In recent months, sirens have wailed in this Yugoslav capital as "enemy" planes swooped in on vital targets. Near the Bulgarian border, "agents provacateurs" infiltrated factories, urging workers to protest against food shortages or low pay.

These war games, often code-named "Nothing Will Surprise Us," are routine here -- illustrating how highly organized are Yugoslavia's defenses.

That defense system presents massive risks for any Afghanistan-style invasion, should the Soviet Union be tempted to intervene after the death of President Josip Broz Tito.

Like Afghanistan, Yugoslavia is a strategically placed nonaligned nation bordering on the Soviet bloc. Both countries are covered by high mountain ranges well suited to guerrilla warfare -- and both boast deep-rooted warrior traditions of resisting enemy occupation.

The essential military difference is that the Yugoslavs are far more heavily armed. Also unlike the Afghans, the Yugoslavs have been preparing in earnest for a Soviet invasion ever since 1948 -- when they became the first communist country to break away from Moscow. It is the thoroughness of these preparations, they believe, that now forms the ultimate guarantee of Yugoslavia's future independence.

Yugoslav defense strategy has drawn its inspiration from the partisan uprising led by Tito against German and Italian occupation in World War II. But it has been refined and updated to meet modern conditions.

In the event of another invasion, it would be the task of Yugoslavia's 260,000-man Army to withstand the frontal attack for as long as possible. Much of the remaining 22 million population would retreat to the mountains for a partisan-type defense. Capitulation to the enemy has been declared unconstitutional.

The regular Army is supplemented by half a million reservists and by territorial defense units numbering several million. Nearly all Yugoslav adult males have had some military training. Compulsory military service lasts about 15 months. Stores of weapons, ammunition and food are hidden in the mountains, ready for a protracted struggle.

In addition to the reservists, who must be prepared to answer a call up in three hours, regular exercises are held for territorial defense units without prior notice. In the Croatian capital of Zagreb, for instance, a newspaper office was hurriedly evacuated to the countryside following a mock poison gas attack.

The philosophy of territorial defense was stated clearly by Tito in a speech last year: "We are trying to ensure the kind of defense which will make anyone wanting to attack us give up his plans in advance. [During the war] we had no arms of our own and instead had to arm ourselves with the weapons of the occupiers.Dealing with a possible new aggressor now will be much easier."

The strategy sounds simple, but there are several possible snags. Despite the Afghan and Czechoslovak precedents, the Soviets would be unlikely to pursue its objectives here through open invasion.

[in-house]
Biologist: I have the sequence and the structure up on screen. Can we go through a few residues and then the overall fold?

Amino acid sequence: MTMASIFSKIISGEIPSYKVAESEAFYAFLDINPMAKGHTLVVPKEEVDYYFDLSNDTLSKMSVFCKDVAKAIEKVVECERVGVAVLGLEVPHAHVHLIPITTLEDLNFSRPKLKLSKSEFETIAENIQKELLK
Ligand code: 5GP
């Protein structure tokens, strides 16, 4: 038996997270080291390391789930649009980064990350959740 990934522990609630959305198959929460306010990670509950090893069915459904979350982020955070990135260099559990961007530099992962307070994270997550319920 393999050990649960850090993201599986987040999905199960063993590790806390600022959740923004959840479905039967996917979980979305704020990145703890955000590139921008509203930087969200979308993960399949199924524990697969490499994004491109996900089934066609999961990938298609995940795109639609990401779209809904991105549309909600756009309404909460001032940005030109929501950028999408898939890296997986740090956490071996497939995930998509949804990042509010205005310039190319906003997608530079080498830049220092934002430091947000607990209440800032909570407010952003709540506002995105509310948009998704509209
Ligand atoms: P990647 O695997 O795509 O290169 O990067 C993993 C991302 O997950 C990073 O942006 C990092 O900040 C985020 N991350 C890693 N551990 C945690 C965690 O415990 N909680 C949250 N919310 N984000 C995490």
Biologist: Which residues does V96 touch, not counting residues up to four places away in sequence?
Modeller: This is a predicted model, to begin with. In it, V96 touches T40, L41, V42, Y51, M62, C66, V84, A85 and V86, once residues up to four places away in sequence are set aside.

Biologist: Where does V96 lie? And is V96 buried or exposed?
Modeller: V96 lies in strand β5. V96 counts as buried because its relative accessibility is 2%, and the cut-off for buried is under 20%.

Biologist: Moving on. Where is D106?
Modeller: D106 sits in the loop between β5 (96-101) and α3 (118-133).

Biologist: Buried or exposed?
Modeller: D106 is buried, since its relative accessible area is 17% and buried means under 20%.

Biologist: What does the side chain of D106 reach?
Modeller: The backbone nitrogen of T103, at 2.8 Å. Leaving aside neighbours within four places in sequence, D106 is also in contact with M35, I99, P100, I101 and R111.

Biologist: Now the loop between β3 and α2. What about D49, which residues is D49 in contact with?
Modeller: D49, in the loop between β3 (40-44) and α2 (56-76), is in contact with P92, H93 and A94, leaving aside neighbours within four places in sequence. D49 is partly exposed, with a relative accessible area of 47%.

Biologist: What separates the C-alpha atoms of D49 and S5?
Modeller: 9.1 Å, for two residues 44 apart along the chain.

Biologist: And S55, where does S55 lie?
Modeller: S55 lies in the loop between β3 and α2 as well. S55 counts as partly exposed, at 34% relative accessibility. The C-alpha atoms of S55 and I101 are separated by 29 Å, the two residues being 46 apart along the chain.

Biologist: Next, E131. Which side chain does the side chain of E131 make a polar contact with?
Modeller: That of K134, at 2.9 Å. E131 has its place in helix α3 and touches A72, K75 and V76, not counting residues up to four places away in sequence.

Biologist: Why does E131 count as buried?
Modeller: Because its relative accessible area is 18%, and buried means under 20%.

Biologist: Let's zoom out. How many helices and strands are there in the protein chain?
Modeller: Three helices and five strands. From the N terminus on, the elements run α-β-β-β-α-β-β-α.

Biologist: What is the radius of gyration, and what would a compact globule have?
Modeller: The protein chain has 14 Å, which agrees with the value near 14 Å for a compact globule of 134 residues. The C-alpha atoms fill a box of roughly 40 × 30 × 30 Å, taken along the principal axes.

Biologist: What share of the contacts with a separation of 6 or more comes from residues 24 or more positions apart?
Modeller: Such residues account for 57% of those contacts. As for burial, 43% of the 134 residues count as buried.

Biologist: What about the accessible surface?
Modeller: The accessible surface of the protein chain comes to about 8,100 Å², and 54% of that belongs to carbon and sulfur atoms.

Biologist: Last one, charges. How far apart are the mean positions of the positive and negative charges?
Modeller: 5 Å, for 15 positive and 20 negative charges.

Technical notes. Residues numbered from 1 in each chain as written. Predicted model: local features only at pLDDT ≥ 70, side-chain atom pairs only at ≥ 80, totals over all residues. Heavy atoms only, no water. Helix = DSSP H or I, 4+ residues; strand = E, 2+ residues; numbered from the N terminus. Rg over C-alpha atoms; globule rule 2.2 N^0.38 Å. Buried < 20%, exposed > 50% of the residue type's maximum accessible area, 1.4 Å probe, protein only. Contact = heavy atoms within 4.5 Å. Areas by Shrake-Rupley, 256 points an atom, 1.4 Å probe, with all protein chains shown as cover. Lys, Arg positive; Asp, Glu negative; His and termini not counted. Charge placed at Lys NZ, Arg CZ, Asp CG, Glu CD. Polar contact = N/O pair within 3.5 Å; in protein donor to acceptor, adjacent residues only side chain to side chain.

Furthermore, Yugoslavia itself has under gone a massive sociological transformation since the 1940s when peasants living in the mountains formed the backbone of Tito's partisans.

In 1941, when Hitler attacked Yugoslavia, nearly 70 percent of the population lived in rural areas. Like generations of South Slav peasants before them, their first instinct was to defend their families and homes, to fight for their own survival. Tito's genius lay in transforming them into a disciplined army led by communists.

Today, Yugoslavia has become a predominantly urban-based consumer society. Personal advancement rather than personal survival is a basic tenet. sThe rural population has dwindled to around 30 percent.

While eight out of 10 young Yugoslavs declared in a recent opinion poll that they would be prepared to die for their country in the event of an invasion, the shift in population and values poses questions about the effectiveness of partisan-type defense.

The way it works was illustrated by an incident in the Adriatic resort of Dubrovnik several years ago. A British member of Parliament was detained by police following a taxi ride to the airport during which he had used a portable tape recorder to dictate his impressions of Yugoslavia. The driver accused him to trying "to contact foreign aircraft" and promptly handed him over to the police.

During self-protection exercises in southern Serbia last year, workers informed on their colleagues who spread "rumors about imminent price rises." Hotel receptionists immediately reported the arrival and movement of unknown guests. "Hostile propaganda" sent through the mail was intercepted by post office sorting clerks.

One facet of President Tito's skill as a politician was the way he played internal and external threats against each other, uniting the country behind himself in the process. The external threat has been used to justify a strong Army and heigthened vigilance against "foreign infiltration." This in turn has been a valuable weapon against domestic critics.